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Ask the Expert

Danger Mars Colonists! Need for Predicting Space Storms

March 29th, 2010

Future inhabitants of Mars (those that are not already there, perhaps) are in need of a space storm monitoring system.

That’s the advice of Roger Dube, professor in the Chester F. Carlson Center for Imaging Science at Rochester Institute of Technology (RIT) in Rochester, New York.

NASA’s vision for a permanent human presence on Mars is penciled in as soon as 2028. If so, the first group of colonists won’t need umbrellas; they will need safe houses with 30-foot thick walls made of Martian clay that can withstand radiation storms.

During a space storm, hurricane-force gusts hit Mars at full force. Those winds, containing X-rays and particle rays emitted from solar flares and coronal mass ejections — clumps of high-energy particles belched by the Sun — sweep past the planet’s weak magnetic field and atmosphere and strike the surface directly.

Dube has won NASA funding to develop a monitoring system that will provide a level of protection for people on Mars, underneath the red planet’s thin atmosphere.

Double Whammy

There’s a double whammy to Dube’s work.

As an additional benefit, the technology will give advanced warning of space storms threatening the critical infrastructure here on Earth, including the power grid, GPS navigation and sensitive communication satellites.

The system Dube envisions includes sensors and small solar observatories at the Mars colony or near the planetary pole for continual view of the solar surface.

Special purpose satellites already positioned between the Sun and the Earth will require advanced sensors and algorithms to detect signs of a dangerous flux of particles in order to provide warnings to both Earth and Mars.

“The technology we’re building uses existing satellites and solar telescopes that are in orbit or in space,” says Dube in an RIT press statement.

“Our innovation will be to add artificial intelligence to the recognition of space storms. Initially the technology will be used to calculate the probability of the Earth being hit by a space weather storm, and once we’ve got that we’ll determine the orbital calculations for Mars,” Dube explains.

“Mars does not enjoy the defenses against such storms that Earth has,” Dube adds.

According to Dube, his work to create a better monitoring system is one that could provide at least three days advanced warning for people living on Earth and Mars.

By LD/CSE

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Ask the Expert

Cassini at Saturn: “Outta Sight” Imagery of Mimas

March 29th, 2010

The Cassini spacecraft orbiting Saturn continues to churn out mind-blowing imagery.

Collected last month during its closest flyby yet of Saturn’s “Death Star” looking moon, Mimas, new imagery is available for your perusal.

The verdict from Carolyn Porco, Cassini Imaging Team Leader and Director of CICLOPS at the Space Science Institute in Boulder, Colorado:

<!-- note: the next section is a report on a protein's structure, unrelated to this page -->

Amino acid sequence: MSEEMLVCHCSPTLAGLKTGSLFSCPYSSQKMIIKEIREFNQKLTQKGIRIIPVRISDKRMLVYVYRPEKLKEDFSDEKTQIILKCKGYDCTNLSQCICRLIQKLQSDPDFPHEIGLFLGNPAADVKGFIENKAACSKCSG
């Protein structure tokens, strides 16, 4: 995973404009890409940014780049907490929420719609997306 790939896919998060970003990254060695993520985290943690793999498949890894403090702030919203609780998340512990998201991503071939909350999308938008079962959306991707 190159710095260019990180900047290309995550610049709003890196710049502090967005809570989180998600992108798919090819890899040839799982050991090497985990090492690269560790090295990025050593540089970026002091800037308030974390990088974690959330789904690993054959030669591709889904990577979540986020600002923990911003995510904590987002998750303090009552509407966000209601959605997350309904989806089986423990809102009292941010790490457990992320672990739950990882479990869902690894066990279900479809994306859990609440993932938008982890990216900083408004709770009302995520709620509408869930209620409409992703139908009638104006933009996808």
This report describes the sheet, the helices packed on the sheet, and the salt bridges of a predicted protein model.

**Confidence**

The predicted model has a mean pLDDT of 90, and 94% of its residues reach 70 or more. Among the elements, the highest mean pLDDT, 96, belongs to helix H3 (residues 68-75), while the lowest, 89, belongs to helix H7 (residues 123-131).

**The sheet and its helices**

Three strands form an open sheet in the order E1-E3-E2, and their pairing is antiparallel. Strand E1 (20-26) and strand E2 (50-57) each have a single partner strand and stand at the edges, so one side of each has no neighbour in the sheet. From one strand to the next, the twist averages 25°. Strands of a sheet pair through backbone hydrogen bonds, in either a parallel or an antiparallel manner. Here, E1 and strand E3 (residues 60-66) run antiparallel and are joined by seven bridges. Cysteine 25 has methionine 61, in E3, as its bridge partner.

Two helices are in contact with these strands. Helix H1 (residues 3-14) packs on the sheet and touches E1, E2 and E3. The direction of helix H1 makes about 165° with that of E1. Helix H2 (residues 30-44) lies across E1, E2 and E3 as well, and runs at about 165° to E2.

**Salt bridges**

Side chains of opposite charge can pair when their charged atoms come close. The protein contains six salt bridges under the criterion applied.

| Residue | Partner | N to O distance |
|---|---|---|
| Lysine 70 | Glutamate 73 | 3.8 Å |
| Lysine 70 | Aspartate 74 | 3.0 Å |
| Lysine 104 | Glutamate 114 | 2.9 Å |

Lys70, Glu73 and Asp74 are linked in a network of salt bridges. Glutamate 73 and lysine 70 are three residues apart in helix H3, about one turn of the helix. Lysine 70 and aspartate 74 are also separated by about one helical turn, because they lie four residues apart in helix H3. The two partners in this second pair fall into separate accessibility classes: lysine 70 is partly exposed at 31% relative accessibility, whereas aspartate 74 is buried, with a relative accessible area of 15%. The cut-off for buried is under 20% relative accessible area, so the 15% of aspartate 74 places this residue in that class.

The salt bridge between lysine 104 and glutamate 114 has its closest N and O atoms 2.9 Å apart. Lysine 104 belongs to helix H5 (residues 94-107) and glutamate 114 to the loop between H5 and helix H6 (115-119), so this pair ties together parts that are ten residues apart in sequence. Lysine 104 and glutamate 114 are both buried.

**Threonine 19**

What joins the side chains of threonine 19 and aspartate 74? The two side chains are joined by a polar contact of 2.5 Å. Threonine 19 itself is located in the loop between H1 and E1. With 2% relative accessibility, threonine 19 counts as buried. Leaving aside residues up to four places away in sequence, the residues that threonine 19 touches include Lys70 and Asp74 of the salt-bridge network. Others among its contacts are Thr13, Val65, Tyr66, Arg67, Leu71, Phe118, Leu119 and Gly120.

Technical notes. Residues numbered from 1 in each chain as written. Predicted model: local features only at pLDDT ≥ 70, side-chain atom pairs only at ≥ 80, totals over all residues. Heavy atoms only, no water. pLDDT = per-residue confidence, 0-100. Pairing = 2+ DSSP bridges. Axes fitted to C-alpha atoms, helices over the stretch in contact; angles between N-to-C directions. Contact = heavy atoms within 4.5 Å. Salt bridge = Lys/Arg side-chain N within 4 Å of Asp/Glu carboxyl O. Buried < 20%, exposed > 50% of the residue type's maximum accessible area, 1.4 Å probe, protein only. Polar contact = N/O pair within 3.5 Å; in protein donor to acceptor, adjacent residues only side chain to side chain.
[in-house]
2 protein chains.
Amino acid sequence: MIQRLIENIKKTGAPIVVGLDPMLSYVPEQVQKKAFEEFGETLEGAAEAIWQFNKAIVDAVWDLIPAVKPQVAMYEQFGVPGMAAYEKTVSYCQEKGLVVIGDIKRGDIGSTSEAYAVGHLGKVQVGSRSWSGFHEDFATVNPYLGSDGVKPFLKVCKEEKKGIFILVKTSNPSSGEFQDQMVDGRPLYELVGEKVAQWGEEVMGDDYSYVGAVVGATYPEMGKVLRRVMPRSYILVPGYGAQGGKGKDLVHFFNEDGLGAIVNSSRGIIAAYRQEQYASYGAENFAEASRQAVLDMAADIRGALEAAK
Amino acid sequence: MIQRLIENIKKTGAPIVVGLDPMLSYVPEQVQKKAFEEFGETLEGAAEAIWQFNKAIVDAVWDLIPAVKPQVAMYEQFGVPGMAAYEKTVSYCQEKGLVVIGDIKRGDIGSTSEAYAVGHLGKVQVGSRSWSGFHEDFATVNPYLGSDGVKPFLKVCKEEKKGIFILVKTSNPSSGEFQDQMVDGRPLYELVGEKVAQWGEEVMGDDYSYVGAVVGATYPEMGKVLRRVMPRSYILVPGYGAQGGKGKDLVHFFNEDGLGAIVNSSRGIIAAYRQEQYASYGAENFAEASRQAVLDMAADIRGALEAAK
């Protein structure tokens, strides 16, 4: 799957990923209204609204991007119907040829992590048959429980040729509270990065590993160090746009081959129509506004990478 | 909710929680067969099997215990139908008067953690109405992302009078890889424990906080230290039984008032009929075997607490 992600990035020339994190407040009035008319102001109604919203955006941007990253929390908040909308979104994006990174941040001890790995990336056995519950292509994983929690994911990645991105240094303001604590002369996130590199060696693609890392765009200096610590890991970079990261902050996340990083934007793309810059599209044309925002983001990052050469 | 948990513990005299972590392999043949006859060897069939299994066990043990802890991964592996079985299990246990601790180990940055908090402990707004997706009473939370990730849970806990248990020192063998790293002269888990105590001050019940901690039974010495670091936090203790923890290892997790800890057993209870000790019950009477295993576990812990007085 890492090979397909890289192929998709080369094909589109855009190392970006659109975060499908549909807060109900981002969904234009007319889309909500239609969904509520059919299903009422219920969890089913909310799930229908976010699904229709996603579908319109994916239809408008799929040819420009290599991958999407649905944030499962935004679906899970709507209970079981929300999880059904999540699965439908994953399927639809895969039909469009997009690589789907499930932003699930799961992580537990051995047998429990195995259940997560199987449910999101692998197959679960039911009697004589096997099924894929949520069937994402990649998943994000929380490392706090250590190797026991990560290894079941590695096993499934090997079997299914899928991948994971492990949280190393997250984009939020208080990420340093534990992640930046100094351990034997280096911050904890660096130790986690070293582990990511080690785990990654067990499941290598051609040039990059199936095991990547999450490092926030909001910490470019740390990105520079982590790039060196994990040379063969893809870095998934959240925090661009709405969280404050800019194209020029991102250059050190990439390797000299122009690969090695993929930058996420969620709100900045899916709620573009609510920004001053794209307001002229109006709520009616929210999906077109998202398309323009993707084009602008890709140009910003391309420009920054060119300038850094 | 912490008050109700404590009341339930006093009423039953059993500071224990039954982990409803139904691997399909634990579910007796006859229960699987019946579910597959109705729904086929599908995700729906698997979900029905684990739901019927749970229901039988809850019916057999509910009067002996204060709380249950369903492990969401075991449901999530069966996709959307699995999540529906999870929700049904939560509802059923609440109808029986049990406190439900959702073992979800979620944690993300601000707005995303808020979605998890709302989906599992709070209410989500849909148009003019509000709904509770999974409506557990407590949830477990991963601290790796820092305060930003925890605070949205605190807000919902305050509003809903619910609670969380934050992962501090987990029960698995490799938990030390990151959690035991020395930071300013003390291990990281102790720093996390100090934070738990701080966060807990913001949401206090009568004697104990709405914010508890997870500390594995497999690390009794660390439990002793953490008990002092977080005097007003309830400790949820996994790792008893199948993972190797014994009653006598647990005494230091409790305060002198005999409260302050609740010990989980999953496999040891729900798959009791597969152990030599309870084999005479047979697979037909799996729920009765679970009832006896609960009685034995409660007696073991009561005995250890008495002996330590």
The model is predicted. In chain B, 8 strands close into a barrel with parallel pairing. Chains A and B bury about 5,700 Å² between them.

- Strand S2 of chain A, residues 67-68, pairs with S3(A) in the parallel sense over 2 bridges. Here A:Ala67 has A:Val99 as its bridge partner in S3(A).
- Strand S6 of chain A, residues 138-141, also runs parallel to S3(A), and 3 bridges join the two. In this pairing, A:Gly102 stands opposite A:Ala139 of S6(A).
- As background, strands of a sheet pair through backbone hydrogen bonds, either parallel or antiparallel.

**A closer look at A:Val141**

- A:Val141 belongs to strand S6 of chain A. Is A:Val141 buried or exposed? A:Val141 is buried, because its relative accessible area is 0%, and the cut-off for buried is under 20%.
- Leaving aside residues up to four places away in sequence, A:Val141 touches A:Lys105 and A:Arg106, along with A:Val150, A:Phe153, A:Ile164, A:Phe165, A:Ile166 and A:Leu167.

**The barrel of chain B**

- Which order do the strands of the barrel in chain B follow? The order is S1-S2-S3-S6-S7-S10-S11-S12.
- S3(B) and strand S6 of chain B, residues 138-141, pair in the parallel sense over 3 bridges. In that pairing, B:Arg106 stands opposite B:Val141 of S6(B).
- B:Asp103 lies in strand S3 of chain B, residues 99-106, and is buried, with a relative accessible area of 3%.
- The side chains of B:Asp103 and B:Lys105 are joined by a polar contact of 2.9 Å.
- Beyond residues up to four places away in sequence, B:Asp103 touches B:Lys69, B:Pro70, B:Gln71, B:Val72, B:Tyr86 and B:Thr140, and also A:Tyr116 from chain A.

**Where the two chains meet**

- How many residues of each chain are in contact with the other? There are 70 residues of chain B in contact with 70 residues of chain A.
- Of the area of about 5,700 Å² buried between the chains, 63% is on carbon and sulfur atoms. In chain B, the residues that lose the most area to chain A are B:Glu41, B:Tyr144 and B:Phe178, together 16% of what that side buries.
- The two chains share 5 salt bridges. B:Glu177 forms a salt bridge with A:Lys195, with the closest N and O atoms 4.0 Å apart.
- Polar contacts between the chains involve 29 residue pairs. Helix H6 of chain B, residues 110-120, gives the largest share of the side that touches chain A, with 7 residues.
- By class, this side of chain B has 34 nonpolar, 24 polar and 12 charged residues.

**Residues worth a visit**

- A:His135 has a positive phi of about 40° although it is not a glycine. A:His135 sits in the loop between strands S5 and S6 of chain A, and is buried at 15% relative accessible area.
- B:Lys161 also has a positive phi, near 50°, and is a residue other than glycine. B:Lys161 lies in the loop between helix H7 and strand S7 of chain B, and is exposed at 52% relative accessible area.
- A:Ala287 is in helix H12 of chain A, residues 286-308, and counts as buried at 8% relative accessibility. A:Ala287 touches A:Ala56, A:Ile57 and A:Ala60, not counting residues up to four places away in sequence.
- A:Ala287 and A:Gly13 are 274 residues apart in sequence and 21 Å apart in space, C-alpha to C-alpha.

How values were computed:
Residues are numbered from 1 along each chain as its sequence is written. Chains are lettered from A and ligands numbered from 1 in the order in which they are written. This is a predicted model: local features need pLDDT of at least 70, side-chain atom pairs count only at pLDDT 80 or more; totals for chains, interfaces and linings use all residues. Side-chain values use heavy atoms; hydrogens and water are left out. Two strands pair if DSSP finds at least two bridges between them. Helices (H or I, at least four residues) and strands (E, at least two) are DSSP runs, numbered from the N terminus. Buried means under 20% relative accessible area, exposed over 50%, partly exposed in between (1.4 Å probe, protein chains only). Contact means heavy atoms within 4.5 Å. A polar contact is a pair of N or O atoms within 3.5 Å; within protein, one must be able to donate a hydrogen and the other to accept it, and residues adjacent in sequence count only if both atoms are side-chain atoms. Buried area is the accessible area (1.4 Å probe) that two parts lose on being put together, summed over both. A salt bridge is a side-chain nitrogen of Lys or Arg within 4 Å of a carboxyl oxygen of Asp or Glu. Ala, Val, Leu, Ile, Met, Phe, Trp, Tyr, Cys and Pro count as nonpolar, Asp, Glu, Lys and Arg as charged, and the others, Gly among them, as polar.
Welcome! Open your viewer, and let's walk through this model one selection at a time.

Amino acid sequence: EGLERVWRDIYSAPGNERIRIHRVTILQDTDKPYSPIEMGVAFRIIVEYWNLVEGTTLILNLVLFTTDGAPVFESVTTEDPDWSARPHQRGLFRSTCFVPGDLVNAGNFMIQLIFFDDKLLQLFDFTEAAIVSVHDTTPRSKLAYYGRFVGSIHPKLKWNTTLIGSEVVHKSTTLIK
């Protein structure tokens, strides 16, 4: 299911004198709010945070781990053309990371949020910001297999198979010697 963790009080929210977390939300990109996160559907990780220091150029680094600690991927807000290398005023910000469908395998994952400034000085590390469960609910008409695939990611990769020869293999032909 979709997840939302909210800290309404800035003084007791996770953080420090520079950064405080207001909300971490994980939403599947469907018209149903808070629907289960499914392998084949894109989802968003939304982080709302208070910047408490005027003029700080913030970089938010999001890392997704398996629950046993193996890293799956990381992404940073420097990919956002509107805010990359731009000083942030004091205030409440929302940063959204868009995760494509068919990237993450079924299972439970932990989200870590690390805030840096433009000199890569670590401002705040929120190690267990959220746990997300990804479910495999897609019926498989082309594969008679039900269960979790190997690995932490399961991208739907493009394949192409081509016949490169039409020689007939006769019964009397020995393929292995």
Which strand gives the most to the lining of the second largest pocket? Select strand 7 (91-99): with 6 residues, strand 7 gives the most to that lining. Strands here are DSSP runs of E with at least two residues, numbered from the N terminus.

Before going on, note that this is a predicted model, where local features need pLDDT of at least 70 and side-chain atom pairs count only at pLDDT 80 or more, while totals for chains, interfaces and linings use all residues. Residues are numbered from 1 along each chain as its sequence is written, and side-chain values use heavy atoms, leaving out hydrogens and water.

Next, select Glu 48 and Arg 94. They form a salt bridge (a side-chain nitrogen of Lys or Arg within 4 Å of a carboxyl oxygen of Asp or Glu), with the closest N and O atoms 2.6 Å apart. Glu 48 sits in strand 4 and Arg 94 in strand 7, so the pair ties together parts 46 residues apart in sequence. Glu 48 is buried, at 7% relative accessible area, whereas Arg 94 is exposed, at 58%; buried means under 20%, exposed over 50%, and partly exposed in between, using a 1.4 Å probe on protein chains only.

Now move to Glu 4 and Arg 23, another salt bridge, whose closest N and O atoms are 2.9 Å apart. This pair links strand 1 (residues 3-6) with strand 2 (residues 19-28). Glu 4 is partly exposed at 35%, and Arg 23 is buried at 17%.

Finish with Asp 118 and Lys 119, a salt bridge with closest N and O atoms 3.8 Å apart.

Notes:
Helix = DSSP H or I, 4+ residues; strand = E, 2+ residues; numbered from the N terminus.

“They are outta sight! After much deliberation, we have concluded [that] Mimas is not boring. Who knew?!”

According to Porco, you’ll see details in the moon’s craters that reminded imaging folks of features they had seen on Phoebe and Hyperion. You’ll discover that Mimas, she adds, has a very peculiar thermal signature that they can’t yet explain. And best of all … be sure you have a pair of red/green glasses handy because you won’t want to miss peering into gigantic Herschel crater in 3D!

To see all our spectacular images, mosaics, thermal results and more, go to:

http://ciclops.org

By LD/CSE

 

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Exploration

This Week in Space

March 29th, 2010

From Spaceflight Now



“VSS Enterprise” takes flight and “space for the rest of us” moves a step forward, the Martian Rite of Spring commences while the folks at JPL prep a “rover on steroids” for departure for the Red Planet, the Wizard Nebula is ready for its close-up, Roller Derby on Saturn’s rings, Discovery is “go” for launch, orbital Olympics, the crew of STS-134 prepares to go where no one has gone before, and Buzz “Twinkle-Toes” Aldrin wows the judges on “Dancing with the Stars” – or (ahem!) not.

 

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Our Solar System

Cosmic Rays and Uncontrolled Acceleration

March 29th, 2010

From Discovery

Toyota has suffered from crippling bad press after the car manufacturer recalled millions of vehicles to address a fault that causes an inexplicable acceleration when driving. This fault is having deadly consequences and has been blamed for more than 100 possible deaths.

The company has been busy looking for the cause of the issue, repairing mechanical faults (such as sticky pedals and floor mats) with 13 affected models, but are they looking in the right place?

Although this might sound like an “out there” theory, federal regulators are now investigating whether this ‘sudden acceleration’ is being triggered by high energy particles from space.

Mars Attacks

Cosmic rays are known to impact our atmosphere and we know they can damage sensitive electronics in space.

Many space probes have had dealings with the cosmic menace — including NASA’s Mars Reconnaissance Orbiter (MRO) — often forcing onboard computers to switch to safe mode to spare the system from further damage.

In the case of the MRO, high-energy protons are thought to be behind a recent outage, originating from the sun (after being accelerated by explosive magnetic events such as flares) or from deep space, possibly blasted our way from supernovae (although deep space particle acceleration mechanisms are not fully understood).

But the MRO is in the vacuum of space; how could cars be hit by high energy protons when we are blanketed in a protective atmosphere?

Terrestrial Assaults